A Quick Note

The Leeth Dossier is a sci-fi/fantasy series about an unusual girl, set in our world about 50 years from now: and 25 years after magic unexpectedly returns. It opens with the book Wild Thing (2015), and continues with Harsh Lessons (2016), Shadow Hunt (2017); then (Violent Causes) (2018?), Lost Girl (2018/19?)....
Find Wild Thing with Google

Monday, 25 April 2016

Harsh Lessons progress (Vol 2)

I now have a date for the launch: but instead of being a single book launch for Wild Thing, it's now going to be a double book launch, so a launch of the series, The Leeth Dossier. Because I underestimated the effort required to get the 1st volume (near?) perfect -- 6 revisions! -- and also underestimated how much effort remained in attending to the second half of my editor's original critique, I've been focusing 90% of my energy on revising volume 2. This meant that the book launch I had hoped to arrange for February didn't start being organised until April, and the first available date was June: about the time I'd be preparing book 2 for publication! So it made more sense to delay the launch by a month and do a launch of the series. It will be at Gleebooks on the afternoon of Sat July 9th, 2016. But stay tuned for that: it's still being organised.

Harsh Lessons now has the cover designed, once again by Mirella de Santana:

You can find Wild Thing as an ebook (on Amazon) or as a paperback. Use this search to find it via Google from a local bookseller, and avoid having to pay for it to be shipped from Amazon in the US.

I'm pleased to say that the MS for volume 2, Harsh Lessons (it was going to be Shadow Hunt, but that will be Vol 3), is now with my editor (ThEditors). He's already warned me that at 156k wds it's almost certainly too long; and I'm at a loss at present for what would cuts would improve it, so I'll just wait and see. Maybe a small adjustment to the margins might reduce the paper consumption? I can't drop the point size for volume 2: that would be horrible for people who like to buy series. So, we'll see. There is, after all, a chance that the pacing and everything may be okay!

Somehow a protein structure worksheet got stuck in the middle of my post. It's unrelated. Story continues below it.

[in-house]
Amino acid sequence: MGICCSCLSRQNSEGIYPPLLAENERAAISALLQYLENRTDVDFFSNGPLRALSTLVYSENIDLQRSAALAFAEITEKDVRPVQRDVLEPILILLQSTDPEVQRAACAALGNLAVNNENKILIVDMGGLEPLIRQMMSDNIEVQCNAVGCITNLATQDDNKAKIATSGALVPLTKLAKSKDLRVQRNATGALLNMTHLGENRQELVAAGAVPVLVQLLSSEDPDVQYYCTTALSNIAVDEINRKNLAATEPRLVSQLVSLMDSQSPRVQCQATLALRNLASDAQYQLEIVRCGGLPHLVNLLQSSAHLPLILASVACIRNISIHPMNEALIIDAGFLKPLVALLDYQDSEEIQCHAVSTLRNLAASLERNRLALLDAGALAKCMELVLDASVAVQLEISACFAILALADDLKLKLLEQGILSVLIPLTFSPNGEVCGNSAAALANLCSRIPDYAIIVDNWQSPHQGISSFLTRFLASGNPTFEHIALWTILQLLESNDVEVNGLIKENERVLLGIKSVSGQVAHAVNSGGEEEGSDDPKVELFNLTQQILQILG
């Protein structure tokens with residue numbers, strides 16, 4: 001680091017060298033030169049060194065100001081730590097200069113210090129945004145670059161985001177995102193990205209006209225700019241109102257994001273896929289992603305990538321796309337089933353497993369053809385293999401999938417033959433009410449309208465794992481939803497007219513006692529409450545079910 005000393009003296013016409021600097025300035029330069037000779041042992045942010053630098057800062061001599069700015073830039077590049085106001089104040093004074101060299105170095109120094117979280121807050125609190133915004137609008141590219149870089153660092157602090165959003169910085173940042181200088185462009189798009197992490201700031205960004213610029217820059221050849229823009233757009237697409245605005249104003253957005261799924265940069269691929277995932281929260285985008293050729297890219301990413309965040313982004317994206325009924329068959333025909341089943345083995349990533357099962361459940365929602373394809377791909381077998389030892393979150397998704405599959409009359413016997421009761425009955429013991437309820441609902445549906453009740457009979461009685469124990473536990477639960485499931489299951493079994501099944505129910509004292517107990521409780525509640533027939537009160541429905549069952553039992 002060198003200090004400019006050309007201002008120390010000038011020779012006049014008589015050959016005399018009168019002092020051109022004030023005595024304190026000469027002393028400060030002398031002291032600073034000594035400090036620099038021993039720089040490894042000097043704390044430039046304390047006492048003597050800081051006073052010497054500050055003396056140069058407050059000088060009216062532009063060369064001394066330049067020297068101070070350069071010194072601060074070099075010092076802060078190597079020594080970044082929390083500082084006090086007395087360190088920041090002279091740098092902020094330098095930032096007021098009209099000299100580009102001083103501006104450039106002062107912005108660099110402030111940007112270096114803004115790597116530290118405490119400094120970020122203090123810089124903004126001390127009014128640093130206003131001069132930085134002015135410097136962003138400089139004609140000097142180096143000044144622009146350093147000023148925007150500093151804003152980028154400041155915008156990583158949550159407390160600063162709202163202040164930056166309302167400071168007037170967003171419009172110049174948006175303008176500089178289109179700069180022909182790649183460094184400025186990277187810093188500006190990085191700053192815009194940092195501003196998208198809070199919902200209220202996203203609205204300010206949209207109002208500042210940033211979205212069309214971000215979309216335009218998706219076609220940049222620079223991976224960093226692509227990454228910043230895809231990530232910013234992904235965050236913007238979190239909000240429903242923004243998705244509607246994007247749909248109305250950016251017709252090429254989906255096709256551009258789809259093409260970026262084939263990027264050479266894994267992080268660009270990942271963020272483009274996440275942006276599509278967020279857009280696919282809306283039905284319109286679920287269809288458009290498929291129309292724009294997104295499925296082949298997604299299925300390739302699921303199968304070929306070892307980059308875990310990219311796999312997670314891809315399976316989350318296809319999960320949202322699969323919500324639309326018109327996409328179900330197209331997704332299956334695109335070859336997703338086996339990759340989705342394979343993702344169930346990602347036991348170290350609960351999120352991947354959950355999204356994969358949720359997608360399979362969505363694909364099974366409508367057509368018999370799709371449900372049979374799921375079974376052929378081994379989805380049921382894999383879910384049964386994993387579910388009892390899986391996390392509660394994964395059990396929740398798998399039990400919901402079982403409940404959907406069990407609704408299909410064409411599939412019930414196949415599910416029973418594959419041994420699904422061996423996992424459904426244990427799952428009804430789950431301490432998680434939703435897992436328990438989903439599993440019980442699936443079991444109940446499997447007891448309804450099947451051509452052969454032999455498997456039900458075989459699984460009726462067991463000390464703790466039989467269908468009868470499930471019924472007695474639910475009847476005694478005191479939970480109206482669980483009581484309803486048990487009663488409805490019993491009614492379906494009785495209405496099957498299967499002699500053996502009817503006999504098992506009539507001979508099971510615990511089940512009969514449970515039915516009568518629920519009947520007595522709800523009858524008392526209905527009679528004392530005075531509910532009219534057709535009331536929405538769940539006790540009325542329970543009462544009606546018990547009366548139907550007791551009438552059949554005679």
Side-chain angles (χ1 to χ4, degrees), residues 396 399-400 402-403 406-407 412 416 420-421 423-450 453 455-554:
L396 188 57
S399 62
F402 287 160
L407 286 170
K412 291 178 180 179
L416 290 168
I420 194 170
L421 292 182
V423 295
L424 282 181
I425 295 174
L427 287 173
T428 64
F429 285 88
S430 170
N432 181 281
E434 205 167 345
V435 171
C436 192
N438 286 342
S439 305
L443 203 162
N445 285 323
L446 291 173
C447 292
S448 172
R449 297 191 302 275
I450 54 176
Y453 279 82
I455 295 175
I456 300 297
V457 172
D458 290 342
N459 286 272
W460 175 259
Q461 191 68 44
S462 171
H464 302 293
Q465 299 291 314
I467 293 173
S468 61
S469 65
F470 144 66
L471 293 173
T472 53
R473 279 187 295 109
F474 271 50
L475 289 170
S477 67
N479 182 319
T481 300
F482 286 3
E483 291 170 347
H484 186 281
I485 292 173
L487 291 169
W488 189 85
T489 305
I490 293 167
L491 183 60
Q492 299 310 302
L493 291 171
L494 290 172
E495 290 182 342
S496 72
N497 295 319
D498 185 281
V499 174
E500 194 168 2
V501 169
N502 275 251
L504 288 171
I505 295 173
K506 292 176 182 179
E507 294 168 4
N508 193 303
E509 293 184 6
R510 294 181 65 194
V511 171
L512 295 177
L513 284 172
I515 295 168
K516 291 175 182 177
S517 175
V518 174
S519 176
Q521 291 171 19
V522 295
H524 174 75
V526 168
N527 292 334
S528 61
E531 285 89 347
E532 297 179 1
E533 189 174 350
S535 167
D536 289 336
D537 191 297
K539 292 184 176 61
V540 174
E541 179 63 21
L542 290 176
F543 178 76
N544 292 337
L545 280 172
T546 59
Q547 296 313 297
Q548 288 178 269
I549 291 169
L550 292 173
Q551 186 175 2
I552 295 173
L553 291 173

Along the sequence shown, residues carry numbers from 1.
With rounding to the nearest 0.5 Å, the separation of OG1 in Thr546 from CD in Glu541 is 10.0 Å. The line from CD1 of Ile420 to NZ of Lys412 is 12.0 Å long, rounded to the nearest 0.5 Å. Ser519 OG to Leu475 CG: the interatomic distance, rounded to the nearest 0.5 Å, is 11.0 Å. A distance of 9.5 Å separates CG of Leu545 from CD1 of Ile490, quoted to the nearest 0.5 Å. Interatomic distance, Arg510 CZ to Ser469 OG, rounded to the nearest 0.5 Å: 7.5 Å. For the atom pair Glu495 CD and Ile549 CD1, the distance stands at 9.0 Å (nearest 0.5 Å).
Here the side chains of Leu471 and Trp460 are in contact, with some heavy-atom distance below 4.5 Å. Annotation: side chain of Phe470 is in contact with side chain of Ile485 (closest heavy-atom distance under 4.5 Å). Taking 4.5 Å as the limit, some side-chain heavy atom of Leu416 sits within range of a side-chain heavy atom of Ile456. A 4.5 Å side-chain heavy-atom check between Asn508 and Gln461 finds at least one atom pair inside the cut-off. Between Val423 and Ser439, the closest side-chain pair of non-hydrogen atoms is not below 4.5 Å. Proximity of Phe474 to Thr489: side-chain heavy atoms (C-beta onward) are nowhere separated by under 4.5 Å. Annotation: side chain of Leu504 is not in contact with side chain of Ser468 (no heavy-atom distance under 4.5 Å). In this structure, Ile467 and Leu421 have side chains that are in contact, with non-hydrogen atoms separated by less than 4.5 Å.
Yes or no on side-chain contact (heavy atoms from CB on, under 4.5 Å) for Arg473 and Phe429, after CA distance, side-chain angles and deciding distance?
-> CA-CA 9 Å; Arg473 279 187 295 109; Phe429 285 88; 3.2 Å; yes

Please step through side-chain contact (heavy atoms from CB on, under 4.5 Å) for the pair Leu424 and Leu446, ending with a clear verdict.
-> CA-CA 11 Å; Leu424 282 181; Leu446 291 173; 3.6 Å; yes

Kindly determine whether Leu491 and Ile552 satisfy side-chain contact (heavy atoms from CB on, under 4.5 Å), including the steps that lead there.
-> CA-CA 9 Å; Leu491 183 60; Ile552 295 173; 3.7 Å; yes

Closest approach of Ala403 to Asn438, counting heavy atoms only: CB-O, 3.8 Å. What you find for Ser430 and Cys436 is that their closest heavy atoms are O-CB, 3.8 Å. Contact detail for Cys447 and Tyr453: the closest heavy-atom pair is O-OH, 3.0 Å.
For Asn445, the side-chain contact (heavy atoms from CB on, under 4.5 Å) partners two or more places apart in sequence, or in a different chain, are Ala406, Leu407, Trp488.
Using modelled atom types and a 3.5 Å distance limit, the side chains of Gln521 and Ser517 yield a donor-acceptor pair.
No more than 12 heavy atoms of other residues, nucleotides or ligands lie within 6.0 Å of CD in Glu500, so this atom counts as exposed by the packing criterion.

It still seems a bit surreal to me: that the MS which I'd already split in two to become volume 1, and which was 160k wds, I think, got split in two again to make a 143k wd Wild Thing and the (currently) 153k wd Shadow Hunt Harsh Lessons. And I still haven't revisited the 2nd half of the MS from its original split: I'm not even sure that will make it into volume 3 4 (Lost Girl)!

After reading a note from my editor about a pacing problem, I was worried about that; and discussed a couple of fixes. He quite liked my idea of a short "mean girls" episode. Which I think came out very well, but which did grow to be something longer than either of us expected, I'm sure. So, did I fix the pacing problem? I don't know! But I was quite worried about it, and of course the overall length, and that ended up with my invention of what I call the "oomph analysis". Here's what it looks like for the original Vol 2 MS:

The idea is that the author works out the categories that best capture what he or she feels are most important for his or her book, and then, reading it chapter by chapter, gives each chapter a score from 0 to 5 in each of those categories (in a spreadsheet). It takes a few minutes thought at the end of each chapter, so it's not that hard to do. I also added a one-line summary of each chapter. Then out pops a colour-coded graph. I've written about it a bit over on my other blog, A Toe in the Ocean of Books, but I'll summarise what I said there: for my book, the categories I decided on were: Pace (action), World building, Character development, Plot development, Emotion (moving), Humour, and Tension. It's partly objective, despite being subjectively-based. I basically gave myself a 5 for humour if I had several laugh-out-loud moments in the chapter, or on where I really cracked up; similarly, if I cried a fair bit, I gave that chapter a 5 for emotion; and so on. I hope the fact that I think it varies means there is some variation there to be seen! The formula I invented to show the patterns balances chapter length (longer chapters reduce oomph, but very short ones don't overly boost it; and high scores are exaggerated, because high scores have much more impact and are harder to get). I plan to write more about this; and also to do the same analysis for Wild Thing.

Anyway, I'm now updating and working my way through my list of (currently) 33 things to do for publication and book launch. And praying that my editor won't have more than a month of work I'll need to do, when I receive his critique!